NOTE: Right now, I only have the section of the article I was quoted in, eventually I'll add the rest of the article to complete it.
The Very Public
by Omid Rahmat
The Rise and Fall of the Arcade
Curtis Hart works for the University of North Texas Libraries in the LAN/PC development and is in charge of the libraries' web server and public-access PCs for students to use for research. A very sober title, but Curtis also has a web site, one where he lights a torch for classic arcade games.
Curtis has this to say about his collection of arcade systems: "My goal is to keep and restore to their original status and playability for the sake of preserving them. These were influential times for me, and arcade games were no less an influence on me than kids getting me to smoke my first cigarette. My biggest hope is to show my son what it was like when I was a kid."
He remembers the time when arcade mania warranted Time magazine articles on the addictive craze that was depriving adults and children of 20 or 40 bucks a day, one quarter at a time.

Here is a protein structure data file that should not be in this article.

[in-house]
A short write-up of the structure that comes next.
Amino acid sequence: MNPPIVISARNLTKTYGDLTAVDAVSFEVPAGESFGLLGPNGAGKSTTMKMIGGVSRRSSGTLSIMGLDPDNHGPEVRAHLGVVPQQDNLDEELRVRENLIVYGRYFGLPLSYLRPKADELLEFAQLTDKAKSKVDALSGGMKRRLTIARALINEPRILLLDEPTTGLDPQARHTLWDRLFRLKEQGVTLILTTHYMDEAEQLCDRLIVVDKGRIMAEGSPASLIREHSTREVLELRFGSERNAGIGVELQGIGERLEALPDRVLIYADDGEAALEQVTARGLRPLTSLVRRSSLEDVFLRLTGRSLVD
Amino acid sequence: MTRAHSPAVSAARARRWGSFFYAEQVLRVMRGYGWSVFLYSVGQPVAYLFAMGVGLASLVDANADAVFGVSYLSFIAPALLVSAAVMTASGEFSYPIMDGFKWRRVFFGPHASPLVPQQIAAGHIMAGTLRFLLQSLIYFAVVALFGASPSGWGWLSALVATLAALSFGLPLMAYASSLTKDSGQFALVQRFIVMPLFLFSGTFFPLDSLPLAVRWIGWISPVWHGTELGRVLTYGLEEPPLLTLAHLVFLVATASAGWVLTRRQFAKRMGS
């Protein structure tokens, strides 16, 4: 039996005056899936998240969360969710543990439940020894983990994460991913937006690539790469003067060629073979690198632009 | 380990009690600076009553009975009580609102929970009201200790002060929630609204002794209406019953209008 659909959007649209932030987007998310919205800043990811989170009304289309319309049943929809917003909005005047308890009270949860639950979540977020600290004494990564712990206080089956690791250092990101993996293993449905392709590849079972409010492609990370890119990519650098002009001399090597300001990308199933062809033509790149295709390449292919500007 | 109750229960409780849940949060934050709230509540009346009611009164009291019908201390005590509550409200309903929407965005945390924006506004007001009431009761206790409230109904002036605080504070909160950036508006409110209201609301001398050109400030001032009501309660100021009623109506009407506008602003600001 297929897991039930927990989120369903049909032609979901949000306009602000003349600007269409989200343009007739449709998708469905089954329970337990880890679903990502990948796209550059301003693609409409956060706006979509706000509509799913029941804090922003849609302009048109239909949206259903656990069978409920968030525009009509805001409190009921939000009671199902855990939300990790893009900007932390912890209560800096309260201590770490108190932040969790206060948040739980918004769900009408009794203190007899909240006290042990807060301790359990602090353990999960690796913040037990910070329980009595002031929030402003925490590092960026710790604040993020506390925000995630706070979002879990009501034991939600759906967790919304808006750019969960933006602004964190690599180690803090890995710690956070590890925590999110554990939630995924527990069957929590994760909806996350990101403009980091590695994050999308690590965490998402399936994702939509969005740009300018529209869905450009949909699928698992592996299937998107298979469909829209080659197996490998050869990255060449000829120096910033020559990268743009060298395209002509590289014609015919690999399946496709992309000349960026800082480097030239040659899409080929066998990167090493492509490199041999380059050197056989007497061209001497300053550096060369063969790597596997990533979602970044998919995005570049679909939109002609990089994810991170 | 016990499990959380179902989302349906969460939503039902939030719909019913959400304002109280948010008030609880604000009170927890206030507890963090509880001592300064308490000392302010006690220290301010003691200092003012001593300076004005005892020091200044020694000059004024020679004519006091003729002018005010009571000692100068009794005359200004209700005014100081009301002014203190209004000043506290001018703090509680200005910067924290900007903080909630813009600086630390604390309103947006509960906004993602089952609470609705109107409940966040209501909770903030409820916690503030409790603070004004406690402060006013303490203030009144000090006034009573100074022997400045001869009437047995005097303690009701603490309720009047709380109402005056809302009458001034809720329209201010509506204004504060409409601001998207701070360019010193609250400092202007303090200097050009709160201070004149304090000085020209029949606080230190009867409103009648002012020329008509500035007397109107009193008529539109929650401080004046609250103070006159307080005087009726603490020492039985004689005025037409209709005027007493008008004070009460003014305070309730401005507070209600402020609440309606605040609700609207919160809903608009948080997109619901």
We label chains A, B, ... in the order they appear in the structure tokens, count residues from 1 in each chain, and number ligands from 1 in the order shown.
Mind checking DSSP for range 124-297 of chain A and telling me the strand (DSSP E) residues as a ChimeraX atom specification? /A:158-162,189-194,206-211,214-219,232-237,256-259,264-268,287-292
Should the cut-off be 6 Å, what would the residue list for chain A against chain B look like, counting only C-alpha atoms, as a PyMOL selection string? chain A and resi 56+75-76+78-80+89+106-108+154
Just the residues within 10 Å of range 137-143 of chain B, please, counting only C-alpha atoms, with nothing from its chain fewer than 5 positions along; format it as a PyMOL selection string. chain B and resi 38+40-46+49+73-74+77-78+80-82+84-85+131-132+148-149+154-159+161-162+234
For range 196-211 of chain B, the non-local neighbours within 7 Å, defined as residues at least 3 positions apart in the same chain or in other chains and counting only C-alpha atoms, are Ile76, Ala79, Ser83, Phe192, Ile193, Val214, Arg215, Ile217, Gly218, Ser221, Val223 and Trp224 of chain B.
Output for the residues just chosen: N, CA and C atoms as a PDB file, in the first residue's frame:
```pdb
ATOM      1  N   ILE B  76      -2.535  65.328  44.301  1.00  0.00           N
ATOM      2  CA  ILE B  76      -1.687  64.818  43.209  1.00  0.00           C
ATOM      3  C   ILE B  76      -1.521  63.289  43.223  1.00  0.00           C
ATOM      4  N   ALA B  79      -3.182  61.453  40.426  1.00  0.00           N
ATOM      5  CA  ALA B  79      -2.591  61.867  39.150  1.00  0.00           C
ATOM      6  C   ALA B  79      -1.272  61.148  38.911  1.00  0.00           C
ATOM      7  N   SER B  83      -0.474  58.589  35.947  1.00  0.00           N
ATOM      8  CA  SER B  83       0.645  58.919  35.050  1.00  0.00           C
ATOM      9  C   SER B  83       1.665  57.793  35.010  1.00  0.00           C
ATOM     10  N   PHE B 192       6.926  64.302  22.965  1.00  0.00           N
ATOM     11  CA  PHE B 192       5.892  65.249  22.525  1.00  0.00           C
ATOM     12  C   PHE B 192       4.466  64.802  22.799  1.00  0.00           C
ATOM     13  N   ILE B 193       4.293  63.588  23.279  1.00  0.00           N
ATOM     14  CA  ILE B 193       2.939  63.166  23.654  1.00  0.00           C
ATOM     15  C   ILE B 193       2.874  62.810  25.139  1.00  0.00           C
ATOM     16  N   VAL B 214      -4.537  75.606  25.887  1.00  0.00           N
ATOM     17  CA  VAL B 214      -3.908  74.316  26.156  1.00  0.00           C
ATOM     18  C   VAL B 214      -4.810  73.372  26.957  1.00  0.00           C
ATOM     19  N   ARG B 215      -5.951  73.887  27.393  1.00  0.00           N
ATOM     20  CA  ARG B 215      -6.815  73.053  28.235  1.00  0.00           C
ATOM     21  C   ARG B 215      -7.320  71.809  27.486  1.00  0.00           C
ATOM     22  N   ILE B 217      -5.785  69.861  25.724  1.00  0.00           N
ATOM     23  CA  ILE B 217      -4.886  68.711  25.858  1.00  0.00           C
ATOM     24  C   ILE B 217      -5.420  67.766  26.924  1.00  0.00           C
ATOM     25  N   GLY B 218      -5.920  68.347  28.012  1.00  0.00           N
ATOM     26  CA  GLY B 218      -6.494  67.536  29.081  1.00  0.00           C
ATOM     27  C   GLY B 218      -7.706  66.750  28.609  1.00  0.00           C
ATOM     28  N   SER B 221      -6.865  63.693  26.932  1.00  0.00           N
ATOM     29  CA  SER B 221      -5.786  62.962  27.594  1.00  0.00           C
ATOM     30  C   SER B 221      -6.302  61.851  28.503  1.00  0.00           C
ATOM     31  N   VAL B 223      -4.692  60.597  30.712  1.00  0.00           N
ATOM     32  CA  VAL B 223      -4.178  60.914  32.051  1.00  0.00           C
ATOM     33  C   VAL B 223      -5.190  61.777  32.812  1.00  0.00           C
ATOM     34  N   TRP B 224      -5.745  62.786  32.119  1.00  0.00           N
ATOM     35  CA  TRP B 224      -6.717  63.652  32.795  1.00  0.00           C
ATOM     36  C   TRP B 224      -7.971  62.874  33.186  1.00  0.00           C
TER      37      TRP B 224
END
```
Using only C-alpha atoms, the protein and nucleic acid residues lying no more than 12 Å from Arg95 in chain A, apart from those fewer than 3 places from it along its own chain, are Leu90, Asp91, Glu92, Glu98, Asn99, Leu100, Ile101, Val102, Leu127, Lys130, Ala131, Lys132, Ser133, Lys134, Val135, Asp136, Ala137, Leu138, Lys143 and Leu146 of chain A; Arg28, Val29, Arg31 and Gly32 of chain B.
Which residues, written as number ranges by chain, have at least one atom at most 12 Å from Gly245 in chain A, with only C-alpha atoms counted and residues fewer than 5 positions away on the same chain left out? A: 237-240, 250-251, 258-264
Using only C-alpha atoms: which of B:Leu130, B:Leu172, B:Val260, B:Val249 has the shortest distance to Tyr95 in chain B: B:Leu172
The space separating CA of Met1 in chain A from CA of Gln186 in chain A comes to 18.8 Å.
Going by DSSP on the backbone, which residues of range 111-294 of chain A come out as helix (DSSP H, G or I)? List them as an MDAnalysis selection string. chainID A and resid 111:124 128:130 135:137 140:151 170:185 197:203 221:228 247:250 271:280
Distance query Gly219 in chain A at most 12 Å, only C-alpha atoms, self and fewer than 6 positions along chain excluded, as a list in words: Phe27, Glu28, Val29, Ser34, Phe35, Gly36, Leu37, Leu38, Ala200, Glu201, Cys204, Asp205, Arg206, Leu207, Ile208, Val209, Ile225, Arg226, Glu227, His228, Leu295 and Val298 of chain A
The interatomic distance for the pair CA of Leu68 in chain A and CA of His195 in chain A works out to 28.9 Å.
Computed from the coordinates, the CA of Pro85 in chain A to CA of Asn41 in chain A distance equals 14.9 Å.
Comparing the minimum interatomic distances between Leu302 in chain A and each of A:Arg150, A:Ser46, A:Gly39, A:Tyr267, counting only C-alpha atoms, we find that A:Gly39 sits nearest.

"For me, it was exciting because it was so new. Growing up on Star Trek and Star Wars, computers were supposed to be the greatest thing since sliced bread and save our futures. And here they were, offering graphics and sounds solely for the purpose of entertaining me. I think the biggest reason for why it appealed to me so much was that it was still a fairly new technology, and the people who made and programmed them were constantly trying to break new ground with the limited resource they had. Now, telling that to a seven-year-old today, he couldn't care less. But show him a Lunar Lander and a Star Wars vector game side by side and see which one he runs for. This is my main reason for collecting and restoring original arcade games from the classic era - to preserve that magic. Today, you can't find a game that's either not a fighting game or racing game - variety is over and the current trend is to shock people with how much gore you can get on the screen.
"With the hindsight, I now have tremendous respect of what the game makers had to go through to get from concept to reality. Now, it doesn't matter if your coding is sloppy - they put the program on hard drives, not 4k ROMs, or whatever limited hardware they had. Back then, if you wanted a feature of a game to work, you wrote and rewrote the code until you could just barely squeeze it in. Now, just get a bigger hard drive."
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